WHAT IS A KINETIC FACADE?
Although kinetic facades have changed their shape over the years, they are still characterised, as they always have been, by performing two principal functions: the first, having an incredible aesthetic design on the facade or wall and the second, regulating the climate and temperature conditions of the inside of the building. So, walking a fine line between the aesthetic and usefulness, kinetic walls are also highlighted or being environmentally sustainable.
What are the benefits of Kinetic Facades?
A kinetic facade involves the movement of all, or at least, one of its parts with the main objective of reaching both an attractive aesthetic and notable energy optimisation. There is also a rigorous control of the investment made to fully optimise both the size and shape of the facade pieces. This is achieved by designing rotations that only require one rotation motor per elements so to avoid excessive effort and expenses.
Thanks to kinetic facades, it is possible to automatically control the regulation of the climate conditions inside the specific building. As such, it is possible to take advantage of the natural daylight and also control the construction ventilation, ensuring energy optimisation of expenses from the building. With regards to the wall design, kinetic facades have a horizontal positioning of the pieces that ensure a completely safe evacuation toward the outside of the building in case of an emergency, such as a fire inside the building.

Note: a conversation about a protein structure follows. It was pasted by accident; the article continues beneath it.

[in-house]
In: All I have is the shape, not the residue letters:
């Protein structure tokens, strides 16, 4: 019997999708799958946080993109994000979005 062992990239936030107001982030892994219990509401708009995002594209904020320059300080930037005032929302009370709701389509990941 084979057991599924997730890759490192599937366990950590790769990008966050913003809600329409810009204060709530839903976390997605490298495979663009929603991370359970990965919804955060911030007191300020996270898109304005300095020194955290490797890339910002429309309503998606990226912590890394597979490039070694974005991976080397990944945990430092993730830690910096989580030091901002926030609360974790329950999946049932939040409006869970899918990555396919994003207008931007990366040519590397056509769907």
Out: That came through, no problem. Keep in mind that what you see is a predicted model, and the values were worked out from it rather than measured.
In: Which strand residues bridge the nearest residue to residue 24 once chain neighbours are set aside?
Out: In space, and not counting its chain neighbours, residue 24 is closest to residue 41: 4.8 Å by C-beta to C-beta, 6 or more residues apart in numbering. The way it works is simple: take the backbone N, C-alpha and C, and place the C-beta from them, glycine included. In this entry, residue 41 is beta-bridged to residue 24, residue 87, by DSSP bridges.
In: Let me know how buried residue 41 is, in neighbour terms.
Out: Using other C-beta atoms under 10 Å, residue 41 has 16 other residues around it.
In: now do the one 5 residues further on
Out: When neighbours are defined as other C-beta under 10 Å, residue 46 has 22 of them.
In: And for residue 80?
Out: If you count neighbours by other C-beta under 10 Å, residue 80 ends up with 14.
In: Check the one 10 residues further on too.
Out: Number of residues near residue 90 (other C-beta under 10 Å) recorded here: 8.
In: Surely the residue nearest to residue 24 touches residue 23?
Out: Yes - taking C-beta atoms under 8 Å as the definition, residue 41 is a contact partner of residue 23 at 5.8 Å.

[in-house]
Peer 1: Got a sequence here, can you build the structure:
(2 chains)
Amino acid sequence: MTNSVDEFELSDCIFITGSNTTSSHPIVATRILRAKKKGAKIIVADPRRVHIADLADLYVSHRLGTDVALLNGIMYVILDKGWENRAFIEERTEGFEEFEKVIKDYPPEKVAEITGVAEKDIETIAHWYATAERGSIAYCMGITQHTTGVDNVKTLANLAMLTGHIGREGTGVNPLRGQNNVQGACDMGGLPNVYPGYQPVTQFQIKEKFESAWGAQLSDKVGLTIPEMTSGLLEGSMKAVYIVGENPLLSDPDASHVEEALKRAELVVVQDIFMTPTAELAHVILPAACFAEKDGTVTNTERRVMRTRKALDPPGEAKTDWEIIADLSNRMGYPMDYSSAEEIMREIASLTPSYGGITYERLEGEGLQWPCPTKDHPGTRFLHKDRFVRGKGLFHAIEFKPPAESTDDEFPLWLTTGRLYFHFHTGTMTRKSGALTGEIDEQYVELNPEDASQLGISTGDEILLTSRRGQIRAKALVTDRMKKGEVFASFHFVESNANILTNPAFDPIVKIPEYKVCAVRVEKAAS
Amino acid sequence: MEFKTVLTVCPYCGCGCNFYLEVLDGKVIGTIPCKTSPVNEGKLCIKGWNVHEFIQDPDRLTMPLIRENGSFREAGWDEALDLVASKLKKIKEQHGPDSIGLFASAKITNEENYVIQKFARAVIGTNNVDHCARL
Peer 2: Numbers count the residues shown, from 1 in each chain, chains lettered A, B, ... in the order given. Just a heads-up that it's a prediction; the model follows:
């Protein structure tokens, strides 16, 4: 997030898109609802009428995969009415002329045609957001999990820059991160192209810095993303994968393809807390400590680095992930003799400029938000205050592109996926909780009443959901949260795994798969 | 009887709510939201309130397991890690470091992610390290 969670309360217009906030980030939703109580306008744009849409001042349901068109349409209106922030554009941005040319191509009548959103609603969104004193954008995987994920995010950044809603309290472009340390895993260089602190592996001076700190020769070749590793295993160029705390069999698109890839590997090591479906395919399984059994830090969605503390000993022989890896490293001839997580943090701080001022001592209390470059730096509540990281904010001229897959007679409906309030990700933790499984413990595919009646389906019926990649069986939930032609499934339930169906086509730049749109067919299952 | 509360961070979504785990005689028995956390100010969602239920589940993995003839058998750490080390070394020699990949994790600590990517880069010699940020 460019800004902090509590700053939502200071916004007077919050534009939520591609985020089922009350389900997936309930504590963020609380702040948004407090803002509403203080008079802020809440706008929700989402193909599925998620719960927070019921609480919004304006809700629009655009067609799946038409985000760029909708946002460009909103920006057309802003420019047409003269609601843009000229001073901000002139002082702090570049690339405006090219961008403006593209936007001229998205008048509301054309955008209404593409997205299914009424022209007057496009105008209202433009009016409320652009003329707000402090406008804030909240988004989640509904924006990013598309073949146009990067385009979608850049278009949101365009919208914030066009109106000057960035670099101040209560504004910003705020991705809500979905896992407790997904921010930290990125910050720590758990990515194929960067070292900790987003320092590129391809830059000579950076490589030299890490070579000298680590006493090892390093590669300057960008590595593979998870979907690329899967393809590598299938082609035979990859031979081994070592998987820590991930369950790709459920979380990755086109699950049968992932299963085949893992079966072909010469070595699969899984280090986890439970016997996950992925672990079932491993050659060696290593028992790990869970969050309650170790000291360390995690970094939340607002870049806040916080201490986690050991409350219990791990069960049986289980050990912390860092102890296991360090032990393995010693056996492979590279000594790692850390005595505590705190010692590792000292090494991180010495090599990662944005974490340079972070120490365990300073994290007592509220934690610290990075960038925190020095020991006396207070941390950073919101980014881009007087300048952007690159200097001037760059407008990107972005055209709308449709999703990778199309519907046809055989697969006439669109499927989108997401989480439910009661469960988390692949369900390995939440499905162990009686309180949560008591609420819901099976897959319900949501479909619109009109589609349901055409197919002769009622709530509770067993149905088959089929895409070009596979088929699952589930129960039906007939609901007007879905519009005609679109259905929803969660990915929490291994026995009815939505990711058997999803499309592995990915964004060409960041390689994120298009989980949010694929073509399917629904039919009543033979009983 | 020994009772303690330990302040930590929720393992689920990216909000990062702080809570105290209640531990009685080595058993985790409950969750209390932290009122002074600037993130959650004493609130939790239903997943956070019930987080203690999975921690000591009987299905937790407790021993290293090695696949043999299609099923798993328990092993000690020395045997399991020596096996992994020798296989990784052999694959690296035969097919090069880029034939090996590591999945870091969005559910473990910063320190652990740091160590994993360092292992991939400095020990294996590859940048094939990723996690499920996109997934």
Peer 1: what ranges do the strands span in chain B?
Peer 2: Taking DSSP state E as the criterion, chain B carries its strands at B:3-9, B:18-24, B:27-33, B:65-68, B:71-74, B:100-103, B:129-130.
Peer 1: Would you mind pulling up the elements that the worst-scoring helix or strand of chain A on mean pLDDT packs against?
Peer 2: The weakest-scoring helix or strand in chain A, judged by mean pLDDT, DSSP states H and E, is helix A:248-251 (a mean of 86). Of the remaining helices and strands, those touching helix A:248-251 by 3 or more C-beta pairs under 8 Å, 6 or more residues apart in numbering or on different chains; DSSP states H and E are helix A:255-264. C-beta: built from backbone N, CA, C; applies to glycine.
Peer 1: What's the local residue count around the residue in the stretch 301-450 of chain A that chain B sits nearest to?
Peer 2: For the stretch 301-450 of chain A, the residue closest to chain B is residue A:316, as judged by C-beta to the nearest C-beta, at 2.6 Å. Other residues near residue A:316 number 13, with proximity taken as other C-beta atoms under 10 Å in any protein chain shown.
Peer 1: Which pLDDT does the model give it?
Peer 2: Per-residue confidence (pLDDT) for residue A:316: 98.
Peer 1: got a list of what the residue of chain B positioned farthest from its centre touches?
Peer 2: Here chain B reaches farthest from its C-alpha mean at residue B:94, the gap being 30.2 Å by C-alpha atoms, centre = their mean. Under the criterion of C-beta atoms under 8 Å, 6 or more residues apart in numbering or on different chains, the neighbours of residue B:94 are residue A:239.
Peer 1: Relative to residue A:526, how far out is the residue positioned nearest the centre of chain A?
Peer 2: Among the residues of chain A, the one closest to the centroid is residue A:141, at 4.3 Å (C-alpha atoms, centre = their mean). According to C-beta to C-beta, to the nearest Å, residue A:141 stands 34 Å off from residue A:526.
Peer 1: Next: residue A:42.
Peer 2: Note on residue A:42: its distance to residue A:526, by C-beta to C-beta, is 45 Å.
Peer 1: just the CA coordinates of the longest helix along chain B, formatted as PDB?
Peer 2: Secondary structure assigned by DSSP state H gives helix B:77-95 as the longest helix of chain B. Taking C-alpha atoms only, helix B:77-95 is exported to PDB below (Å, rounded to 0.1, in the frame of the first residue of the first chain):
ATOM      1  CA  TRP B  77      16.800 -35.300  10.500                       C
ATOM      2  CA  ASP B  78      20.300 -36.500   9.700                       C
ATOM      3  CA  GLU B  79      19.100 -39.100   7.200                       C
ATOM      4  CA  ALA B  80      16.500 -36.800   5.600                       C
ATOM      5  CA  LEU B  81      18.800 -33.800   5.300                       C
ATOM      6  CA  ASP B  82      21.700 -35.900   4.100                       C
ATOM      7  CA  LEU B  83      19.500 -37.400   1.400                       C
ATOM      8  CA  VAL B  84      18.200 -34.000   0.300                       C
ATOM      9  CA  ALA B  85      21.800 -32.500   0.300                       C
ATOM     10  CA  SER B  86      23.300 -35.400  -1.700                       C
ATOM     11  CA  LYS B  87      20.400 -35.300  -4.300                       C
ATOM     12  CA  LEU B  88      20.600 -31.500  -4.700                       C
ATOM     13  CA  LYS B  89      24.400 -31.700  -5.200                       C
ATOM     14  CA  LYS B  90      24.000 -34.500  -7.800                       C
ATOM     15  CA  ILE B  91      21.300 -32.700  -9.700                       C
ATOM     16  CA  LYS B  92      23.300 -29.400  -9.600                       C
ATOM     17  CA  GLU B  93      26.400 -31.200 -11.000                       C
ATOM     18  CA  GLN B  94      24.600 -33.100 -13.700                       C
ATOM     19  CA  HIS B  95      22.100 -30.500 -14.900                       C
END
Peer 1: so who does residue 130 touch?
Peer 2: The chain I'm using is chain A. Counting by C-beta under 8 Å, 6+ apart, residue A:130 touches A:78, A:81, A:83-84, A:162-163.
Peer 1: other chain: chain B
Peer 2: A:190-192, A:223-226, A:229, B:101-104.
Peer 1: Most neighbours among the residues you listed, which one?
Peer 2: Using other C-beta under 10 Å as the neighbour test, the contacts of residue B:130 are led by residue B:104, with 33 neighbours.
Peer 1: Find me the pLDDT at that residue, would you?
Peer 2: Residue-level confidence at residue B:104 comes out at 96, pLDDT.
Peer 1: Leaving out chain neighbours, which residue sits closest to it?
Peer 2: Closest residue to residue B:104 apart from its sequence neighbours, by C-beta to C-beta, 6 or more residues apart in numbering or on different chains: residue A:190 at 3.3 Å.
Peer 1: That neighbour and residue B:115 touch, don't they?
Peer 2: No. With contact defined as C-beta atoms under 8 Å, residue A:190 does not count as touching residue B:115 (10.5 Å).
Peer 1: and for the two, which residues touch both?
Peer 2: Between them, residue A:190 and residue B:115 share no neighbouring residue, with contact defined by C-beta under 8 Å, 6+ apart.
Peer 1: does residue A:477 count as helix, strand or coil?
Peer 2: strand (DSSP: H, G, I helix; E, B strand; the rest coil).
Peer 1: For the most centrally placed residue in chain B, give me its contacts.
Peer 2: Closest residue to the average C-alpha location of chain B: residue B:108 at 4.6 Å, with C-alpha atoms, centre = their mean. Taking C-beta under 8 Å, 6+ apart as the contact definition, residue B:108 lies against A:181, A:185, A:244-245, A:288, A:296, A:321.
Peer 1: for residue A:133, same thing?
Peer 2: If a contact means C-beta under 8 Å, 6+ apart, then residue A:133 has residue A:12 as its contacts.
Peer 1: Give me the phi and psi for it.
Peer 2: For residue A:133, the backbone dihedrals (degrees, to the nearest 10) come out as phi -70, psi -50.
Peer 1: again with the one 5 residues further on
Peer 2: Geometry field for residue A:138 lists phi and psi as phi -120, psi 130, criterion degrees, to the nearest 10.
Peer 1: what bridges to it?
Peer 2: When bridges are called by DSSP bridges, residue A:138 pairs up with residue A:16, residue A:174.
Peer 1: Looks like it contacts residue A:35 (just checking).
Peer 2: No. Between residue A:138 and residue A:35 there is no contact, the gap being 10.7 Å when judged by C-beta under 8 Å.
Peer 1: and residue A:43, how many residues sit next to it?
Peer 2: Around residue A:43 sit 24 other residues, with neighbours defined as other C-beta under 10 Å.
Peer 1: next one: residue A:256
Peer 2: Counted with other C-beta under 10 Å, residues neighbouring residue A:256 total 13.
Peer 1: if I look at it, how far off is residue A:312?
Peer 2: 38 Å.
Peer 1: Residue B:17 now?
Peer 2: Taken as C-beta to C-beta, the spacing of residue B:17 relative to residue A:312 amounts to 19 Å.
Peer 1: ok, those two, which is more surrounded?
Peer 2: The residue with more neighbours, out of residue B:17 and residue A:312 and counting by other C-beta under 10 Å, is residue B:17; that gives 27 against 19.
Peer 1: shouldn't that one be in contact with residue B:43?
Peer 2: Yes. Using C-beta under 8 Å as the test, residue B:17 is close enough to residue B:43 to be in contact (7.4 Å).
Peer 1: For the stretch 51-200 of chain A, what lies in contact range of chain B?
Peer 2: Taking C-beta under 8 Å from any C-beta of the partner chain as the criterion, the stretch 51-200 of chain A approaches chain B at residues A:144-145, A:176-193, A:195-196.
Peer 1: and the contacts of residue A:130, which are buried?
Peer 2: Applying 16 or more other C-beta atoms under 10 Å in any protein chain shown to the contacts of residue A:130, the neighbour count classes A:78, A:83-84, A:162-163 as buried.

Essentially, kinetic facades are dynamic facades that act as a response from the construction industry and adapting to the growing demands of society. These facades have become a principal element in successfully managing energy efficiency, saving and cutting costs, as well as improving the image of a business to be more modern and environmentally friendly.
What are the most common shapes?
Kinetic facades have been changing shape throughout the years. They can be defined as building walls that walk the line between what is aesthetically pleasing and what is useful, as they offer certain out of the box designs and decrease the unnecessary waste of natural resources as they are environmentally friendly. One of the most important examples of a kinetic facade are the “Al Bahr Towers” by Aedas Architects located in Abu Dhabi:
These towers have walls and panels in the shape of umbrellas that open and close in line with the movement of the natural sunlight throughout the entire day. Using this automatic system, adapted to the sunlight, these buildings are protected from the sun’s heat and against the excess of light that the sun gives off at certain times of day. All of this helps to save a considerable amount of energy due to the decrease in the use of technological tools located in the interior and commonly used to regulate the building’s interior temperature. In this way, they are taking advantage of the natural resources that human beings have at their disposal.
Another example of a building with kinetic facades: is the “Kiefer Technic Showroom” by the architects Ernst Giselbrecht & Partner built with the aim of controlling the interior temperature of the building with the use of the facade panels. This building uses 112 large metal tiles that are moving and transforming throughout the day to offer certain optimal light and shadow conditions, and as such promote sustainability. The users, from the inside and throughout an automatic system, can reach the panels located on the wall so that they are located according to their personal preferences.
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